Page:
Renaming Mass Files Using Automator

There are lots of reasons why you would want to rename files in a sequential order. One example: most people like to rename their photos in sequence, rather than being stuck with something that begins with "IMG_". For me, I like my files to begin with "kevin-", with a series of sequential numbers following the prefix (i.e.: "kevin-001", "kevin-002", etc). That way, it's easy to distinguish my photos from others'.

So the question is not IF I rename my files, but rather HOW I rename my files. Sure, you can take a painstaking, manual approach to this, but it will kill your fingers/wrists and wear out the keys on your keyboard faster than you want to. Another approach would be to purchase expensive software to make it easier. There's a third option... and it's simple and absolutely free.

Automator is a great utility that comes pre-installed on every Mac. It's a utility that allows you to easily make small apps (or "workflows") to help automate certain tasks. Renaming a series of files in a sequential order is one of many reasons to use Automator.

First, let's open Automator. I open it from Mission Control, but you can also open it from Finder by going to Applications. The icon looks like this:

Once you have opened Automator, it will ask you what kind of document you want to create. For this particular exercise, we will want to choose "Workflow".

After we have chosen to create a new "Workflow" document, we are presented with a blank canvas. This canvas is where we will start to build our workflow. Keep in mind that a workflow is nothing more than a series of steps that build on top of each other. For example, before we leave for work in the morning, our workflow may look like this:

  1. Wake up
  2. Shower
  3. Get dressed
  4. Eat breakfast
  5. Brush teeth
  6. Leave

Now this may be over simplistic, but it helps to illustrate my point. In this exercise (renaming files), there's really only two steps: 1) locate files to rename and and 2) rename the files. It may seem backwards at first, but we're going to add step 2 first... rename files. To add this step, we will search for "rename" in the list of available actions on the left. Once we find this action, we will simply drag and drop it onto our canvas.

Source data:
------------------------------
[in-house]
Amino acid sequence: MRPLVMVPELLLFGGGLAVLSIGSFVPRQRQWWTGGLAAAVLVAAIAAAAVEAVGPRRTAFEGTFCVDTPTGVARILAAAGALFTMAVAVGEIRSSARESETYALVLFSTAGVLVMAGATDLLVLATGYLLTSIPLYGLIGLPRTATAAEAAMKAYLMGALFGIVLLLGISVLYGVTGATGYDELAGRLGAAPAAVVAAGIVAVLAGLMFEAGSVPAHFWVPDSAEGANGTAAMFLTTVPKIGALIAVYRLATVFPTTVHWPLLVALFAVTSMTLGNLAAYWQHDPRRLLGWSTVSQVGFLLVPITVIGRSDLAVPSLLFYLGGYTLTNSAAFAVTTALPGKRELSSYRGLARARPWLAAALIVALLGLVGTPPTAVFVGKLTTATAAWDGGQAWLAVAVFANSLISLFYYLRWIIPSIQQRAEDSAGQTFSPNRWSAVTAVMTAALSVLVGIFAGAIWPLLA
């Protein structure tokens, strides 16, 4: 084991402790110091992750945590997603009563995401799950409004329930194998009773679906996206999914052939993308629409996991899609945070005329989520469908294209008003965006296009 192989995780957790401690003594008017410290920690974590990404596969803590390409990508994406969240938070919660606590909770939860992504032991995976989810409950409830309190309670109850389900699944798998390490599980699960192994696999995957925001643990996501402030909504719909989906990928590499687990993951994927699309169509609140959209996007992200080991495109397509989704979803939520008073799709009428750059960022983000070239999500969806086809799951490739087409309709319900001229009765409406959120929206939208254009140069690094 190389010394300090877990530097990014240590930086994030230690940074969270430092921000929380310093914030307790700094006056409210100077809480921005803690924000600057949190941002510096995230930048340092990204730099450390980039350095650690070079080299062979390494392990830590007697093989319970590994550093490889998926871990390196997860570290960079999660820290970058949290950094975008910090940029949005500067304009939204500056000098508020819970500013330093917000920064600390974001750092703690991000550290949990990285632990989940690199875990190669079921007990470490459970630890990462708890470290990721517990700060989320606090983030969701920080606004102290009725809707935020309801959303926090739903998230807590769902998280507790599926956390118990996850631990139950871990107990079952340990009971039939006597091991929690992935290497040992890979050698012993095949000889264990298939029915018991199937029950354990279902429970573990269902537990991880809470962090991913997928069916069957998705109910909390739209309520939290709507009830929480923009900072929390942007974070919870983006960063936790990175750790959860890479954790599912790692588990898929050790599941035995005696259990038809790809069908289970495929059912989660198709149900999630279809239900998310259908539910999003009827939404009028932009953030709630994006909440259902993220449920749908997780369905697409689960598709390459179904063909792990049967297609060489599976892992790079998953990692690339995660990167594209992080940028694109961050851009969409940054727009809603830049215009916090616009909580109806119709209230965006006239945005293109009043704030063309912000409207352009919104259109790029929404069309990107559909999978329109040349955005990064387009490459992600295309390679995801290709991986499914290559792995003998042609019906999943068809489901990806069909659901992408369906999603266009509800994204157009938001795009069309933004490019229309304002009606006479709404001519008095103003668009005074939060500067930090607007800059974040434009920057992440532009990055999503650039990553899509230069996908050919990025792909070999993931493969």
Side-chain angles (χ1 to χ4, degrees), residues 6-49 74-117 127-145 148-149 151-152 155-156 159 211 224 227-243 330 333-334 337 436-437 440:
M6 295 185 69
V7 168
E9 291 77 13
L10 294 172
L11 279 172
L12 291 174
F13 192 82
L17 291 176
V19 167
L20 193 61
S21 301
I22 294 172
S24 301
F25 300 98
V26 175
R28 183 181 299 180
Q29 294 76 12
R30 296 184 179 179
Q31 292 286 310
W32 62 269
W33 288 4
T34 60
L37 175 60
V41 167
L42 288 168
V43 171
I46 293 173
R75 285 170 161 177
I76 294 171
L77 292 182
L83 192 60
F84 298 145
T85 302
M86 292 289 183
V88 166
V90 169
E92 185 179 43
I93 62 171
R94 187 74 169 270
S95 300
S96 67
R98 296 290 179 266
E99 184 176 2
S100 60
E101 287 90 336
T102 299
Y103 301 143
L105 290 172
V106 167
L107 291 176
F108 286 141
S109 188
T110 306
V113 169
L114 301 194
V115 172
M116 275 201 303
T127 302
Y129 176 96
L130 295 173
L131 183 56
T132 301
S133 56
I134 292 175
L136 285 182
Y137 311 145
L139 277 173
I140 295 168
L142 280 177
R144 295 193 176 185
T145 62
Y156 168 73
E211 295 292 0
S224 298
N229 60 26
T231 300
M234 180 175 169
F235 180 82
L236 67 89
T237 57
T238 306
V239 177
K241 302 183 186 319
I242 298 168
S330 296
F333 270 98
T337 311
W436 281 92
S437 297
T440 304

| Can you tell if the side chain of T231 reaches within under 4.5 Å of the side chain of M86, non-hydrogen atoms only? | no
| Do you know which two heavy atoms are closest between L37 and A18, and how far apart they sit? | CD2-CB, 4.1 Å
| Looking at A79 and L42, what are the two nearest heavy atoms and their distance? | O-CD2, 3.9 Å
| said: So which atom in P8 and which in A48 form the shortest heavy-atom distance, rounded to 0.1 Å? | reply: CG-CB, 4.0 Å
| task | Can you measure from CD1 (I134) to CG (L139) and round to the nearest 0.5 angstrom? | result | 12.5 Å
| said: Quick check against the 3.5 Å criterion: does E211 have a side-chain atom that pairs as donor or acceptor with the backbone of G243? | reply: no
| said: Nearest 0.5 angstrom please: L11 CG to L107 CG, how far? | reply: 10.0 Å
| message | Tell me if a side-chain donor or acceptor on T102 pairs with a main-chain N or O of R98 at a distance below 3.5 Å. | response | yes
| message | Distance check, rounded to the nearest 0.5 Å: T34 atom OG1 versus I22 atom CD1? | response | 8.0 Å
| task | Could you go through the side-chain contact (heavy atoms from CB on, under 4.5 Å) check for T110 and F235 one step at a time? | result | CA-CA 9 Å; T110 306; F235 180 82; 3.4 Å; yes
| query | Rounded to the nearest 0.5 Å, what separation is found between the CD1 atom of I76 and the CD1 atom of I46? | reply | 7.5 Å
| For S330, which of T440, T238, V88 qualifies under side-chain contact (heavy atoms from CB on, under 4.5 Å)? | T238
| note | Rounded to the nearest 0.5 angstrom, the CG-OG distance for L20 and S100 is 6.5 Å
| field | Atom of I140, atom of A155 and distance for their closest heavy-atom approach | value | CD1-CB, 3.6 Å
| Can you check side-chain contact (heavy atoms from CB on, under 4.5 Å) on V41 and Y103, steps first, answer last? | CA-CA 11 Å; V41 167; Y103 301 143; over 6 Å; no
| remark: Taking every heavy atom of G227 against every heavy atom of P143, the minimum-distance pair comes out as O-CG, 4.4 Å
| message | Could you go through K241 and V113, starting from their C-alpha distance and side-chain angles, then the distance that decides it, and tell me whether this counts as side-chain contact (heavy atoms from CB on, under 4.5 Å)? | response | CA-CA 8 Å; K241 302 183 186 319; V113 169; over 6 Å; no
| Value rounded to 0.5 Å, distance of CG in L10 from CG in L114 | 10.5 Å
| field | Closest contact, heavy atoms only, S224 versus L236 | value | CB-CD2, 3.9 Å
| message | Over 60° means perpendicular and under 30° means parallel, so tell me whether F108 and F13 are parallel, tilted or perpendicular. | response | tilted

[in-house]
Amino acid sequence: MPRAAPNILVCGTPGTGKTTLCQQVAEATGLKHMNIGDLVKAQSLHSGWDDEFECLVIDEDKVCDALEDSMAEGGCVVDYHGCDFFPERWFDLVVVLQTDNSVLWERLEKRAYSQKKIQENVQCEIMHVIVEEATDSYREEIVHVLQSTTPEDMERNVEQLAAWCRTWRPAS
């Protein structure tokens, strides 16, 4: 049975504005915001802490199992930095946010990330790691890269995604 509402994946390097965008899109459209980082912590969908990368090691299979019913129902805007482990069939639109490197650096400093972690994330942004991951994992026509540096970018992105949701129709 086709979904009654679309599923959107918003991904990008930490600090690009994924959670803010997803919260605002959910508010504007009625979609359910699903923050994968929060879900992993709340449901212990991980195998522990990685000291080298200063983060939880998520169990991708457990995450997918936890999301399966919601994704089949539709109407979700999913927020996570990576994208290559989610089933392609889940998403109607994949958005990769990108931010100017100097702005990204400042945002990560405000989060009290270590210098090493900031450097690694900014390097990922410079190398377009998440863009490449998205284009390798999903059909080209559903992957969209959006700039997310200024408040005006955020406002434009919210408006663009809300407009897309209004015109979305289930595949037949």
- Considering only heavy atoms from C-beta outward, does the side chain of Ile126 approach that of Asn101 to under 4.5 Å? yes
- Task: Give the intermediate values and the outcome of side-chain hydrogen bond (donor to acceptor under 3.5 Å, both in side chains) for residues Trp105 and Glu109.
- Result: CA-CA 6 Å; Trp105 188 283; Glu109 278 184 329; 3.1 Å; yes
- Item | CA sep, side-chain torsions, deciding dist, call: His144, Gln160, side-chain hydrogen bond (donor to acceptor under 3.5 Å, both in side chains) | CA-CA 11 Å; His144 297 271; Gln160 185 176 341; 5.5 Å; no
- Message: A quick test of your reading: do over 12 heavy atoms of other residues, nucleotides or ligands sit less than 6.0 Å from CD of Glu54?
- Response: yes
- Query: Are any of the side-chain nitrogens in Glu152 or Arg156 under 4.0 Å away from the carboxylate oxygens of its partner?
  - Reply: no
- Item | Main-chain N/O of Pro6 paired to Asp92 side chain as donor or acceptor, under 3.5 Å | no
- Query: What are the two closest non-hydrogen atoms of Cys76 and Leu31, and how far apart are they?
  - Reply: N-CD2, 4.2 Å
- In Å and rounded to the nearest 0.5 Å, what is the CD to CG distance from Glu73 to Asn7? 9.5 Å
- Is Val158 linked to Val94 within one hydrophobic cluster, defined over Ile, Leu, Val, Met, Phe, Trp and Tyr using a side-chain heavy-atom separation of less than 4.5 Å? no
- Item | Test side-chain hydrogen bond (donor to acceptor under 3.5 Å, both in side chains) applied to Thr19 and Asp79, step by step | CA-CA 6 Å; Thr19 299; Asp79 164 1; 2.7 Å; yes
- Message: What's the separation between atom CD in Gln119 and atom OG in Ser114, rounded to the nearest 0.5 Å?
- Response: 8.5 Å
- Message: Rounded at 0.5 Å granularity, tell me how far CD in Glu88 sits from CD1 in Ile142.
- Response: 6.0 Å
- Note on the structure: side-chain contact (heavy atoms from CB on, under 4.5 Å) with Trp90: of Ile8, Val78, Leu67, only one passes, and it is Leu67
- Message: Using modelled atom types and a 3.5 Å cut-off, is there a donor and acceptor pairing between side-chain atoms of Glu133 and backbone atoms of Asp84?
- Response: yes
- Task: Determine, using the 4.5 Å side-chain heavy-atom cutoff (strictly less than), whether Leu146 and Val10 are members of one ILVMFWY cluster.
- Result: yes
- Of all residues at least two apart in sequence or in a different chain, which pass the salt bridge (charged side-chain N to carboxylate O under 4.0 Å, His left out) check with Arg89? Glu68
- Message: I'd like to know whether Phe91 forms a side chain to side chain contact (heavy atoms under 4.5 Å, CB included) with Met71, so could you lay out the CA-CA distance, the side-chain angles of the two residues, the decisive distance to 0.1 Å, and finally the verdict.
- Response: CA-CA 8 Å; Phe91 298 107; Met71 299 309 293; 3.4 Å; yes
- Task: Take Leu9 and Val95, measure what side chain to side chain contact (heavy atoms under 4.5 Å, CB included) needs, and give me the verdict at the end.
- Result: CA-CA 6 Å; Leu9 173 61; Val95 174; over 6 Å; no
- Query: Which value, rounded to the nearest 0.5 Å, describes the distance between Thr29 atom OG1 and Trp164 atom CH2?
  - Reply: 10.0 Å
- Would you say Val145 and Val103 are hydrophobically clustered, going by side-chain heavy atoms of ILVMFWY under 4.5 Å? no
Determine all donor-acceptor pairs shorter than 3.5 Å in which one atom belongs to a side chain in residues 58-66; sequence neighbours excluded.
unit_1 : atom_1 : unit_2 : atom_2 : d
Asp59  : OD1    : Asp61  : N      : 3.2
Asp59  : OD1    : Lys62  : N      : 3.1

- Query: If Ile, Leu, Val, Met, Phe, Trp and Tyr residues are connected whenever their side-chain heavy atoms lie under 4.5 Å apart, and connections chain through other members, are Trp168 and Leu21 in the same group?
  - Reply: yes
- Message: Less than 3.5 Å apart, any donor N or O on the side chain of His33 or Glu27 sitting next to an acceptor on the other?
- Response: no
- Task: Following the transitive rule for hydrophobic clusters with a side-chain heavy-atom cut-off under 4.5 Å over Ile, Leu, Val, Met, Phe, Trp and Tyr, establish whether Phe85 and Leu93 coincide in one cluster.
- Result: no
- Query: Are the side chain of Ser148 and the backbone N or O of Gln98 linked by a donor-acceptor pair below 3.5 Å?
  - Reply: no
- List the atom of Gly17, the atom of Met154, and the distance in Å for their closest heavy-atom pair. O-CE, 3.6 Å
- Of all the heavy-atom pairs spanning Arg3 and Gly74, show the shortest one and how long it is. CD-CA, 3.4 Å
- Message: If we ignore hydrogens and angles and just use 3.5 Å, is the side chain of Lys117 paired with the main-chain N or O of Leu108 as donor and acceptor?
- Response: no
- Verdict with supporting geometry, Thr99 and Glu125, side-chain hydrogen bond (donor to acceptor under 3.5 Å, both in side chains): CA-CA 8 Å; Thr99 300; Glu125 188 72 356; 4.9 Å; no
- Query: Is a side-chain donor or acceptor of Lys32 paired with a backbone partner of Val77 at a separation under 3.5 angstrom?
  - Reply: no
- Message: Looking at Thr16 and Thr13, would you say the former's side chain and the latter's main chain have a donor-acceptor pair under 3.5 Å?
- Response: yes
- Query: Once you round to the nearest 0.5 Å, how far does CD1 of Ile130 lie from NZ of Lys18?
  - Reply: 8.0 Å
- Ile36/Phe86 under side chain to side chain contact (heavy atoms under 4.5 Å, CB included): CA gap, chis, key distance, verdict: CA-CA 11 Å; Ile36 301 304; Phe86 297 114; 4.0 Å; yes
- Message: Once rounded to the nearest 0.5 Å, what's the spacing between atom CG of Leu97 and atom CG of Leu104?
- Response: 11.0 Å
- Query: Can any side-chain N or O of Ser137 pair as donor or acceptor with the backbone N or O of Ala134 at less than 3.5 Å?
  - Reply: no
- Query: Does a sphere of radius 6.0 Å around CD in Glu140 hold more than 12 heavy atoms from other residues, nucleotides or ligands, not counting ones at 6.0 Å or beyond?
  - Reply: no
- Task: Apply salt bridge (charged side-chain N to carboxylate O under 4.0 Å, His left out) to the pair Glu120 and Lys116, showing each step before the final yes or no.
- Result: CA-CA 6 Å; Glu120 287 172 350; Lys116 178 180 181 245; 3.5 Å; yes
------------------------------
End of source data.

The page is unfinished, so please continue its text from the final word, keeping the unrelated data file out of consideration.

Automator is smart enough to realize what we're doing here, and will now ask us if we want to automatically add another step that will copy of the files to another location first (it knows that once we rename our files, we can't go back to the original names).

In this case, we're going to choose NOT to add this step, because we know exactly what we're getting ourselves into. Now that we have our renaming action on our canvas, it's time to begin customizing it for our need. Take a minute to review the options available to you here, and choose those options that make most sense for what you're trying to accomplish.

Now that we have customized the action to best suit our needs, it's time to add the first step... locating the files to rename. Doing this is simple. In my example, I have 28 image files that I want to rename. I simply highlight the 28 files in Finder, then drag and drop them BEFORE our rename action in Automator.

Once the files are listed as the first step in our Automator workflow (followed by the rename action), it's time to run the Automator workflow. Doing this is as simple as hitting "Run". No, really... all we need to do is hit the "Run" button in the top right corner of Automator.

When you run your first Automator workflow, you will see just how fast the workflow is. In this case, it takes about 1 second to rename all 28 files (much faster than running through it manually, for sure!). When all is said and done, this is what your files will look like:

If you're in the mood for a little tech adventure, this is where you can explore the option of turning this workflow into an app or folder action to even further the automation possibilities!!

For those who prefer to learn through video, here's a video walking you through the process:

Posted on July 21, 2014 and filed under Design, How To, Mac.